I’m not saying anything new when I say the health care industry in the US is a mess. I like medicine, and I like technology, so I recently picked up the Harvard Business Review on Managing Health Care for inspiration on how I might make my own contribution to the industry. This book is a compilation of 8 case studies on the health care industry. While it’s a bit dated (it came out in 2007), I think it still does justice to the absurdity of things happening in health care.
I come from the technology side, where all of the engineers and scientists are eagerly developing the next breakthrough in medicine. Coming from such an environment, this book was almost a slap in the face of reality for an engineer like me. There are much larger problems than the nitty-gritty of developing a medical technology—problems that can halt the proliferation of even great technologies that work well. Problems aside, I think these case studies give some great solutions to the issues. Here are the three solutions that seemed the most important to me:
- Make “focused factories” instead of integrating vertically. “Factories” are organizations that focus on specific diseases (e.g., a kidney center for all cases stemming from renal problems). These factories are more efficient at delivering better, integrated care to patients than systems in which patients are given fragmented care, rife with referrals and inefficient information transfer about the patient/case. Hard data indicates that the costs per case, length of hospital stay, and patient outcomes improve with focused factories.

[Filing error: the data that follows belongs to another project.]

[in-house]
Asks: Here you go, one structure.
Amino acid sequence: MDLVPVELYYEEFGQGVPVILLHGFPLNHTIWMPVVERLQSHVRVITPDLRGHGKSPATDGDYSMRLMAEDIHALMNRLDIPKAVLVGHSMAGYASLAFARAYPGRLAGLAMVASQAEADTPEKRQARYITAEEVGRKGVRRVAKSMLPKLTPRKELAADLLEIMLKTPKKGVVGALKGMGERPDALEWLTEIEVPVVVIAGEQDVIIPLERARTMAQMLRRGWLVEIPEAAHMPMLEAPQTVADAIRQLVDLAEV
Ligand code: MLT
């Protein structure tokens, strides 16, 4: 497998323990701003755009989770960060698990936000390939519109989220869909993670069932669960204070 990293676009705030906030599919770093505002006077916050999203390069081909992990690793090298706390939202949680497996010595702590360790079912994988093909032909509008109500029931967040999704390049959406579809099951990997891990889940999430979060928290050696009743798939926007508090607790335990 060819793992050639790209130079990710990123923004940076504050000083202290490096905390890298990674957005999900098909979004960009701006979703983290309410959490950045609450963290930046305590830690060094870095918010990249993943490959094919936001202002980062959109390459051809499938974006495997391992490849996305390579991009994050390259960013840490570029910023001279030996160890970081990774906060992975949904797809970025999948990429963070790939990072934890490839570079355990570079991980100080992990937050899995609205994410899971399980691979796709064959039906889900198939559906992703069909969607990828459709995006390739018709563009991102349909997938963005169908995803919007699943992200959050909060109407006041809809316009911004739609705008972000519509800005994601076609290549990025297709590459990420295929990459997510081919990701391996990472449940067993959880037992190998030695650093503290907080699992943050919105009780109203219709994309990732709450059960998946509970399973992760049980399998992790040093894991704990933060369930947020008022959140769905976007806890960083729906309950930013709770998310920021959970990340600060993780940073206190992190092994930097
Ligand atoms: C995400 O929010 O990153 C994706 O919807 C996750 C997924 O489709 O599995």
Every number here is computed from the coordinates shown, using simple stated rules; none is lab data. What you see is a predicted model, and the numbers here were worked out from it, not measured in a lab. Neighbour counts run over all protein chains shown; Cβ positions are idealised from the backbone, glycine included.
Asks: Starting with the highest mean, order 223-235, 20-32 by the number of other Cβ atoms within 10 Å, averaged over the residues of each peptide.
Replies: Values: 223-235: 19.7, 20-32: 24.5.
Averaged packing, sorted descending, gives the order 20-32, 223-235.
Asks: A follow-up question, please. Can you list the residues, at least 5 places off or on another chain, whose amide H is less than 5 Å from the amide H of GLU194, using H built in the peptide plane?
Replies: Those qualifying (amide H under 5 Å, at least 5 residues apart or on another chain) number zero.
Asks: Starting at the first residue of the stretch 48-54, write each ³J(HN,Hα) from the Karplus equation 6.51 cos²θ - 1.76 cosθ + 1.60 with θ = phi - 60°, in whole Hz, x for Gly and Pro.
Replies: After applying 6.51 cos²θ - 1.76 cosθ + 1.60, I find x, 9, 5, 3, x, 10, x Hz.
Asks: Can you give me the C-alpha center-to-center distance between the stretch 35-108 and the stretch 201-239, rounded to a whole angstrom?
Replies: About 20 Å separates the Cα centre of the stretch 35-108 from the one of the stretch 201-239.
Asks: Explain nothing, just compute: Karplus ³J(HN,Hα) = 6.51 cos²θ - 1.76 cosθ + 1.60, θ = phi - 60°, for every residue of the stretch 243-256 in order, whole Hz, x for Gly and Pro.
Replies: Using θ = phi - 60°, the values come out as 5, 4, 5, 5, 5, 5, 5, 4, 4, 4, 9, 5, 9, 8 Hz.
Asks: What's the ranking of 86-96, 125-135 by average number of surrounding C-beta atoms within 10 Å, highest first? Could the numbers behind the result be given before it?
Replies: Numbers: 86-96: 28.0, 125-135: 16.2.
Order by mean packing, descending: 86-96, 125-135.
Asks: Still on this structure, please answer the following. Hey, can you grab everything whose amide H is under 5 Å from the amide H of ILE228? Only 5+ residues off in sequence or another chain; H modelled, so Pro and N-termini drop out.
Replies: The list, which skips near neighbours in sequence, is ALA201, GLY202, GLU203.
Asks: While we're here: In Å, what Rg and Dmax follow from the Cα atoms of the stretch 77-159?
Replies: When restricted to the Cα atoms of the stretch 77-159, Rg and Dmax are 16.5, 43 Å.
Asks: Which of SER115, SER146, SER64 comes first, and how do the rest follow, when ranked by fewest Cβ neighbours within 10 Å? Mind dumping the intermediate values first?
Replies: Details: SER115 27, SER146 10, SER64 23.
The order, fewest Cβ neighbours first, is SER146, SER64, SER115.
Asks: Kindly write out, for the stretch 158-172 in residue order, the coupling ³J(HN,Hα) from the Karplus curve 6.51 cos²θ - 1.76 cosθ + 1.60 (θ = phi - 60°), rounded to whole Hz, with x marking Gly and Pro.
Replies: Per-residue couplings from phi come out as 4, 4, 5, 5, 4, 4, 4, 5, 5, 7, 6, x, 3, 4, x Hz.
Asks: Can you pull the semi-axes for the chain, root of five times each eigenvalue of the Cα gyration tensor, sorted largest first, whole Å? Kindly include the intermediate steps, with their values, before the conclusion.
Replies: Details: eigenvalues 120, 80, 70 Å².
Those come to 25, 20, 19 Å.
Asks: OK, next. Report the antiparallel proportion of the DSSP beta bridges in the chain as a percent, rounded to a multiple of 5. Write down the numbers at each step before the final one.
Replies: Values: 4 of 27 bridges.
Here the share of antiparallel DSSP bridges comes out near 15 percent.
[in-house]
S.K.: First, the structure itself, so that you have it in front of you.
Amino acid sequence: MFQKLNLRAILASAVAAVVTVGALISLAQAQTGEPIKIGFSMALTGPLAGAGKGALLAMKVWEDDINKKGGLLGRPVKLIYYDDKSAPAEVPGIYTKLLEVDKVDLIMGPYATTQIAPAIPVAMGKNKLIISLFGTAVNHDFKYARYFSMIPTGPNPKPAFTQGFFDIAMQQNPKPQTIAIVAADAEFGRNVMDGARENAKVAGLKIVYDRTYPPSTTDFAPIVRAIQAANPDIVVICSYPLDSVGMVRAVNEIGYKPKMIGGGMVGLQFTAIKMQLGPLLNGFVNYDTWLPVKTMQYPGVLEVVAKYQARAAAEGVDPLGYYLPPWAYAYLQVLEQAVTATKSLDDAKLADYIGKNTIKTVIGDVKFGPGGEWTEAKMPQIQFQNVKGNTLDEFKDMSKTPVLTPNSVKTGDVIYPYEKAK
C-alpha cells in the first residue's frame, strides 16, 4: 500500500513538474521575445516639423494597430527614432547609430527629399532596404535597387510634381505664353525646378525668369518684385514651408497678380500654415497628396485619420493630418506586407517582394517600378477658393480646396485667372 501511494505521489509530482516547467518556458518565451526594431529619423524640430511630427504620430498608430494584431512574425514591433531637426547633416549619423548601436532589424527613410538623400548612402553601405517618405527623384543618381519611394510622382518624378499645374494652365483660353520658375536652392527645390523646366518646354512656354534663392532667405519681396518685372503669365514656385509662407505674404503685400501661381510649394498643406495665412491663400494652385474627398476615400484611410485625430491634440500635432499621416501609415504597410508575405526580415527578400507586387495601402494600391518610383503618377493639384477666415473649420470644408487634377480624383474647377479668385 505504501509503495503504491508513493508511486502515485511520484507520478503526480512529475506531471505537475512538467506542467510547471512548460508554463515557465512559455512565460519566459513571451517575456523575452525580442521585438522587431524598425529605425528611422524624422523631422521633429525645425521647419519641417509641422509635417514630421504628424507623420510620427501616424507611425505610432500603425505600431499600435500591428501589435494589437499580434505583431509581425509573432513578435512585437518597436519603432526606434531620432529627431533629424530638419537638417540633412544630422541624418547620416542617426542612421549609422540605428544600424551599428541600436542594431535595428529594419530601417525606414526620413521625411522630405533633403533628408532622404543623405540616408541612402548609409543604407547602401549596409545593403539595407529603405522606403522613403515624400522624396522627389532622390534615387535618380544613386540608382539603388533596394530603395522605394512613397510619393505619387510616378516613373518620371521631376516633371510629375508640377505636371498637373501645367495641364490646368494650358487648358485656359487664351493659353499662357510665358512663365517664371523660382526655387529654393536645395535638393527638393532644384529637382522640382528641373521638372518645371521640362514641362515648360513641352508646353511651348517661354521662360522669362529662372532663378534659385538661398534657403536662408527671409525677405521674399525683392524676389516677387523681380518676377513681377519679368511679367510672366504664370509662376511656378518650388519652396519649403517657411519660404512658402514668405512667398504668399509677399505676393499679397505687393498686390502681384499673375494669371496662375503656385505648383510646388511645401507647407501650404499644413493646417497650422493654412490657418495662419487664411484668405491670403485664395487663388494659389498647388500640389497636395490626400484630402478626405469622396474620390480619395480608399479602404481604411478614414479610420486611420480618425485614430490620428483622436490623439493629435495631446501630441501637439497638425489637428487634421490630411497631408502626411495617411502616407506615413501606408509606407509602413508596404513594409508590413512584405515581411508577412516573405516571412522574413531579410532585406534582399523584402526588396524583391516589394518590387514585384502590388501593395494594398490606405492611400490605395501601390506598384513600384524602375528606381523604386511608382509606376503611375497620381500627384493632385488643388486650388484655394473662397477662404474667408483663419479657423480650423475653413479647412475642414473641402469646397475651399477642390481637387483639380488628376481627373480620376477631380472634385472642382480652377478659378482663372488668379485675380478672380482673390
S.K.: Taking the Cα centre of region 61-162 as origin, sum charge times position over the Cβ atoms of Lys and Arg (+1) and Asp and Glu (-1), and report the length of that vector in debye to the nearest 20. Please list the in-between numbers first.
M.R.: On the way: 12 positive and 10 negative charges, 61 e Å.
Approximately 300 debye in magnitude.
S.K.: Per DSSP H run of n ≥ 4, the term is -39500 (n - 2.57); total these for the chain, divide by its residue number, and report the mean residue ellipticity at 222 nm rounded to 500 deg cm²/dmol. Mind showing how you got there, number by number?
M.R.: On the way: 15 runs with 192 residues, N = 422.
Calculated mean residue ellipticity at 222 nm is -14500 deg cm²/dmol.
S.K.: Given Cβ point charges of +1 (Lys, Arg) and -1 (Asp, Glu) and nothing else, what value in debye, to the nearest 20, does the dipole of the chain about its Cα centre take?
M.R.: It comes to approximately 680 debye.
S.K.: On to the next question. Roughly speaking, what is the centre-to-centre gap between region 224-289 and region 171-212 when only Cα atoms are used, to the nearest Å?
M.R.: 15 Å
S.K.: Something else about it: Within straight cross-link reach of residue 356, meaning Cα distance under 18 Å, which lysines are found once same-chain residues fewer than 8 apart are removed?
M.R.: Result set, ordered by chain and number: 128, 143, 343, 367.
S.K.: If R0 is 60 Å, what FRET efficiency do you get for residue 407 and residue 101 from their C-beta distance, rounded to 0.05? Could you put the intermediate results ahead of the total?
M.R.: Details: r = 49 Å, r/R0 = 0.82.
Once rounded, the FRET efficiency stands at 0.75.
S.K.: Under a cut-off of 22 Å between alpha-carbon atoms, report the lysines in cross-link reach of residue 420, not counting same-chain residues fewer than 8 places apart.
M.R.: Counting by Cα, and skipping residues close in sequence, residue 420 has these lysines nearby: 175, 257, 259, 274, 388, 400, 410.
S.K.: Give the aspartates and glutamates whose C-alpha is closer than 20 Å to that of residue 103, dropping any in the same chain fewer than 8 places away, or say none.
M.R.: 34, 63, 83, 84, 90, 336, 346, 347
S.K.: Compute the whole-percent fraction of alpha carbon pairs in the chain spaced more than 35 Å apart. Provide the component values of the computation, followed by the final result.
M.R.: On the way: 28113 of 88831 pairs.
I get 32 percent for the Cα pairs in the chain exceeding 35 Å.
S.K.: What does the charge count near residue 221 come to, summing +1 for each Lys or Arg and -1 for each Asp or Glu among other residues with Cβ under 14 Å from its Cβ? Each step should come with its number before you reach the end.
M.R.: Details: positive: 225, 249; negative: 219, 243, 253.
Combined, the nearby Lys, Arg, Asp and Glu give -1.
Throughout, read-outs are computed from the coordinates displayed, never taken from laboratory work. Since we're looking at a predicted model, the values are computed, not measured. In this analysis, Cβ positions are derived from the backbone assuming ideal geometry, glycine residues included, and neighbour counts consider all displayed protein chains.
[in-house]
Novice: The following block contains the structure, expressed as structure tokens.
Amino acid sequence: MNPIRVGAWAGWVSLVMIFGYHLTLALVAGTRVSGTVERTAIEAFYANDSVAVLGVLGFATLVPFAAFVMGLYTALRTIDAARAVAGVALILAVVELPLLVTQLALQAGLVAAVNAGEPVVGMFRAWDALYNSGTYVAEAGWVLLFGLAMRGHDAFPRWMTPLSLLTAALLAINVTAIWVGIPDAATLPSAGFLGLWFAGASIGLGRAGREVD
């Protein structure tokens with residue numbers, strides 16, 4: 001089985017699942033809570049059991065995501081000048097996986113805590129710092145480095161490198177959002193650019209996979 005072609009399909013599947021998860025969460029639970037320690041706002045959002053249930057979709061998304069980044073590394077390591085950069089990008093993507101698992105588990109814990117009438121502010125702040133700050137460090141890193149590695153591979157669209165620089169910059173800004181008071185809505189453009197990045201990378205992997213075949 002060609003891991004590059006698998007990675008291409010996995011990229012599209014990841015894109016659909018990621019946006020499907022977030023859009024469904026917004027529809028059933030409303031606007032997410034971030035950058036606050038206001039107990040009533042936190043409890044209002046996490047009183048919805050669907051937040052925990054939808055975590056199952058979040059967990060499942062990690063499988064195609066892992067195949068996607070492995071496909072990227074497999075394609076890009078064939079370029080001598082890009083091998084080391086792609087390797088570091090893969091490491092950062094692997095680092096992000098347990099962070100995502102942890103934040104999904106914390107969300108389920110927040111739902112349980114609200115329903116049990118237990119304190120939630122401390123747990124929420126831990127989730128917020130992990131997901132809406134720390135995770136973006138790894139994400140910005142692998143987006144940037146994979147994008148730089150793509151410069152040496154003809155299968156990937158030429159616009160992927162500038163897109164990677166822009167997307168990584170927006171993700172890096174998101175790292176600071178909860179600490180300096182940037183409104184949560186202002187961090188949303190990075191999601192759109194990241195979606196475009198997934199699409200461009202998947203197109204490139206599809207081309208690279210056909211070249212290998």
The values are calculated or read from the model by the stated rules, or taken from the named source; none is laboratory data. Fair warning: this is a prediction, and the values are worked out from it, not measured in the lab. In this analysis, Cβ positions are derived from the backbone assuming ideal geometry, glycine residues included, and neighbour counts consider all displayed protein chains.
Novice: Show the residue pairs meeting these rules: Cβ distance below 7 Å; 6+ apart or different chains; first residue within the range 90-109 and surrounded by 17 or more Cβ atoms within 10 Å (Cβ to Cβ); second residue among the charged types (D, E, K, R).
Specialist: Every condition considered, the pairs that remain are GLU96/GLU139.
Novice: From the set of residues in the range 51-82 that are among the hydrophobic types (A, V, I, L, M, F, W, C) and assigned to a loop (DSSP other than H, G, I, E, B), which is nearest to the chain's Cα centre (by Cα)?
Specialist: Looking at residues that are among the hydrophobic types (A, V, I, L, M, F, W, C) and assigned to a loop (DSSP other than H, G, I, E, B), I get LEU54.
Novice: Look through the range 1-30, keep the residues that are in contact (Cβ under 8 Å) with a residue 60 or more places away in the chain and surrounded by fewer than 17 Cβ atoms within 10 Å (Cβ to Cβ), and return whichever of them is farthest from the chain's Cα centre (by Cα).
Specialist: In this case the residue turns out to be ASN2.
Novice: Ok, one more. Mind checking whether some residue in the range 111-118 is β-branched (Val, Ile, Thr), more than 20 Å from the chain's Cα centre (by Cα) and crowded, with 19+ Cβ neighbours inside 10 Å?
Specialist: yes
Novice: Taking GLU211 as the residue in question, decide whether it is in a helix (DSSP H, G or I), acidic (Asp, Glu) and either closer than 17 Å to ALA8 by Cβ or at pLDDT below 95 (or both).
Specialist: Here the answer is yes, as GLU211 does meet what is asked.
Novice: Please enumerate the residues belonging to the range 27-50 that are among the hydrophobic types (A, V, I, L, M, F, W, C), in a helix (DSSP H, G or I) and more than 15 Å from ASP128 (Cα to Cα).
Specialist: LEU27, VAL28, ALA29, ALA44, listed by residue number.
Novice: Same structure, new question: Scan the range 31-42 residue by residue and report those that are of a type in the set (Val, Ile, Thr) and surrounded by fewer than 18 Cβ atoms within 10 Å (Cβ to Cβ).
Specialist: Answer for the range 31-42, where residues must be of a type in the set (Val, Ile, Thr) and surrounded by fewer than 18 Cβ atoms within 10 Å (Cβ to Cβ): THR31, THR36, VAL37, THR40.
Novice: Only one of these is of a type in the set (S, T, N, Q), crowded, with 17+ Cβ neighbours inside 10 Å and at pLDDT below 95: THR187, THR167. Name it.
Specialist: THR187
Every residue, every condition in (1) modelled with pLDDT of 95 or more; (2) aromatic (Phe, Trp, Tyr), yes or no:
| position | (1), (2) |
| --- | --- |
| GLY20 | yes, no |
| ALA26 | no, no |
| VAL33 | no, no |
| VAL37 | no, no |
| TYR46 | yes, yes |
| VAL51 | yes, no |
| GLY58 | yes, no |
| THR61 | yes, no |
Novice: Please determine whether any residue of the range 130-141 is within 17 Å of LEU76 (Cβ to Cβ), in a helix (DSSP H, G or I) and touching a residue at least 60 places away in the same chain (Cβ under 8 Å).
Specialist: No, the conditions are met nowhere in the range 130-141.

- Switch to consumer-driven healthcare. Consumers aren’t stupid. Before people were given control over their retirement funds, it was feared that the general public wasn’t “sophisticated” enough to make their own decisions about their finances. Some argue that the same fears are undermining efforts to put people in charge of their own medical care. Consumer-driven healthcare would allow people to have flexible spending accounts with which they can pay for care specific to their needs, rather than enrolling in one-size-fits-all managed care plans that effectively make major care decisions for their enrollees.
- Enable disruptive and simplifying technologies. What would have happened if a regulatory agency in the 1980s declared, “microprocessors are inferior to logic boards, so all PCs must use logic boards”? The word, “iPhone”, would be nothing more than a typo today. The book’s final case study on disruptive innovations in health care suggests that regulatory bodies are doing something similar to the health care industry today, legally requiring highly specialized clinicians to make diagnoses that could easily be done by “less expensive” people. Basically, doctors are diagnosing the sniffles even though nurses have sufficient training to do the same. Since this case was published, perhaps the increase in physician’s assistants is gradually alleviating this problem. Nevertheless, the authors call for the need to invest in simplifying technologies that reduce the complexity-driven overhead of medicine. If the government, insurance companies, hospitals, doctors, and patients embrace such technologies, then clinicians’ skill levels will be more appropriately matched to the complexity of the medical problems they’re given.
These are the three things I’ll be thinking about while I’m on the drawing board next time. This was a great book that was a quick read, so I highly recommend it. It not only gave me a better (albeit general) understanding of the health care industry, but also a perspective on its future.